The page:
The U.S. Supreme Court ruled that debtors invoking federal law protecting debtors from unfair practices may end up having to pay creditor’s costs to defend the action even when the debtors filed in good faith.
Olivea Marx invoked her rights under the federal Fair Debt Collection Practices Act (FDCPA) after General Revenue Corporation (GRC) used unfair practices to collect a student loan. A trial court agreed with GRC that the tactics did not violate the law, and the court then ordered Marx to pay over $4,500 of the $7,700 in court costs GRC claimed it paid to defend the lawsuit. The U.S. Court of Appeals for the Tenth Circuit agreed that Marx could be ordered to pay the costs even though she filed her claim in good faith. Marx appealed to the U.S. Supreme Court.
Attorneys with AARP Foundation Litigation filed AARP’s friend-of-the-court brief with four other consumer rights organizations, arguing that costs should not be awarded against unsuccessful plaintiffs who bring their claims in good faith. Awarding costs against alleged debtors will chill enforcement of the FDCPA, which was enacted explicitly to be enforced by vulnerable consumers in recognition of the fact that government agencies would have resources and reach to prosecute only the most egregious of violations. The brief pointed out that FDCPA limitation on the award of costs to those cases brought in bad faith makes sense especially in light of other provisions of the FDCPA, which protects companies that actually violate the law if they have procedures designed to prevent such violations.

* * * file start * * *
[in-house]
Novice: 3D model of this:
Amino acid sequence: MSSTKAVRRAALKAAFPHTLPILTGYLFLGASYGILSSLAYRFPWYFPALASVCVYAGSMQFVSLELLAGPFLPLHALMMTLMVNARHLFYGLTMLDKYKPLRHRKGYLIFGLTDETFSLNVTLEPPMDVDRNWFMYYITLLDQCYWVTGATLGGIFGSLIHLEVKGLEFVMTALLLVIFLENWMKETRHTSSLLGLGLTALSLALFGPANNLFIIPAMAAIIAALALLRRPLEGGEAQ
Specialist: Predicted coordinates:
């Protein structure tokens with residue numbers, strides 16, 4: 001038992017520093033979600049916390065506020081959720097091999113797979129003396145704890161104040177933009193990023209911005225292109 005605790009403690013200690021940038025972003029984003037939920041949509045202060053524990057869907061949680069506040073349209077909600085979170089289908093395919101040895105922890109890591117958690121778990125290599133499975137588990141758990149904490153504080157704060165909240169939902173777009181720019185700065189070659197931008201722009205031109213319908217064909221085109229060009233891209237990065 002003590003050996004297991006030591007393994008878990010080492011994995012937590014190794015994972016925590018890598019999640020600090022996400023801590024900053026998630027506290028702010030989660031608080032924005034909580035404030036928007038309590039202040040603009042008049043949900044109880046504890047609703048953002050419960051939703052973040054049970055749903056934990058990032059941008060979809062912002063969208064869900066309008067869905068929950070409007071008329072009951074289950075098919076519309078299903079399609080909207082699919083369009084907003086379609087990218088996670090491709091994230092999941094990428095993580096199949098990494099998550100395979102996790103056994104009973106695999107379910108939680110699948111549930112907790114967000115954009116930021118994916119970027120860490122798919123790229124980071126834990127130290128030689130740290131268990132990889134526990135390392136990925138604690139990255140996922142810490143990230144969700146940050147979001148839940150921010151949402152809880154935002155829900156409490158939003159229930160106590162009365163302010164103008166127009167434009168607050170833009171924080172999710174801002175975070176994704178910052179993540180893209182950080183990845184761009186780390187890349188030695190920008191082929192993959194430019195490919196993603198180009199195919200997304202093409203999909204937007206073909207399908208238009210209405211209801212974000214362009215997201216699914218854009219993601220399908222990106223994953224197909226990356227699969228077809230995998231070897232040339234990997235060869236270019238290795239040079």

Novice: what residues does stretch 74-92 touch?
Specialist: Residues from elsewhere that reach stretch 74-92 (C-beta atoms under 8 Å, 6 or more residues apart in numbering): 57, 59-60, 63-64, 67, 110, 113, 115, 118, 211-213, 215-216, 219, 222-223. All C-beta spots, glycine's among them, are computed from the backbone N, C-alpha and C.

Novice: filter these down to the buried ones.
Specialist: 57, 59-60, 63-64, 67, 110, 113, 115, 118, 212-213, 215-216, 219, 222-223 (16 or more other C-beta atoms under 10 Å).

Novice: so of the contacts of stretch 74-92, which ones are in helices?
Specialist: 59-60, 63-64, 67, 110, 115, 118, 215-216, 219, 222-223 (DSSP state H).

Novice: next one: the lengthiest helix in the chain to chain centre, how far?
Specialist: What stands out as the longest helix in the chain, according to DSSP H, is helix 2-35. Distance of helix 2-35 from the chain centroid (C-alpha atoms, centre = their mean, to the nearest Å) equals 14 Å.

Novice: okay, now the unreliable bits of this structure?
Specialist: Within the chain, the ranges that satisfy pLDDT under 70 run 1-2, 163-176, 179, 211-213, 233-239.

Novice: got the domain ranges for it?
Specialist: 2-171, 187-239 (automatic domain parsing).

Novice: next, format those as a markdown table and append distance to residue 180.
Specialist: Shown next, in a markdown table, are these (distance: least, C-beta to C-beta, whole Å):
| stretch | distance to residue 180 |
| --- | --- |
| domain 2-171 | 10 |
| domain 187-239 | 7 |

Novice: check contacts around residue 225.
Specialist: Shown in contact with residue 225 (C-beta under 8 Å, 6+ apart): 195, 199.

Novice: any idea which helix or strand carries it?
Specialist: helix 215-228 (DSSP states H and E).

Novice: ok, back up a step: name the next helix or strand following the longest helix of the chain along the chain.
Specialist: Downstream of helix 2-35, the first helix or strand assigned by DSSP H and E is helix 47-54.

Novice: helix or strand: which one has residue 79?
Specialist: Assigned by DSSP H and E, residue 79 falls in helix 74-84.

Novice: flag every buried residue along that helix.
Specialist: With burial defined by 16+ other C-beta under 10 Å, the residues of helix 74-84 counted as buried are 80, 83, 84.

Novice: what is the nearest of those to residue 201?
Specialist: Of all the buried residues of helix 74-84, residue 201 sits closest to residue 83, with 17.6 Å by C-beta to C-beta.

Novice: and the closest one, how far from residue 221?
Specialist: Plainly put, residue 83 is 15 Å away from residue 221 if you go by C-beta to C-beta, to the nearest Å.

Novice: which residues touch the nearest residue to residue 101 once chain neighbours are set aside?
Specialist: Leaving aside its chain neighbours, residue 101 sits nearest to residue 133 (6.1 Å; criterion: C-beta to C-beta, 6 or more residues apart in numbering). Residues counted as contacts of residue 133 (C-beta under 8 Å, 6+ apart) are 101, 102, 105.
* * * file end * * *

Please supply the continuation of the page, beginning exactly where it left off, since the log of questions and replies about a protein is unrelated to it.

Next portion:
The Supreme Court disagreed, ruling that the FDCPA does not limit cost shifting to only those cases brought in bad faith. While acknowledging that Marx’s lawsuit was brought in good faith, the Court ruled that Federal Rules of Civil Procedure (specifically, Rule 54(d)) allows courts the discretion to award costs, the FDCPA did not change that, and that the trial court had not exceeded its authority in so ordering.
Justices Sotomayor and Kagan wrote a dissenting opinion that parsed the language of both the Rule and the FDCPA statute. They argued that specificity of FDCPA language limiting cost shifting to those cases filed in bad faith trumps the more general principal in Rule 54(d).
What’s at Stake
One in ten Americans is currently subject to debt collection efforts. Americans carry more debt today than ever before, technological advances make it possible to collect on debt once thought to be uncollectible because of cost, the economic downturn has increased vulnerability, and the rise of identity theft has increased the risk of erroneous debt. At the same time, complaints about aggressive efforts to collect old, erroneous, or time-barred debts have skyrocketed. The federal enforcement agencies brought only seven actions to protect consumers from unfair debt collection practices in 2011, the most they have ever brought in one year. This is not enough to protect those at risk of harassing debt collection actions.
Marx v. Gen. Revenue Corp. was decided by the U.S. Supreme Court.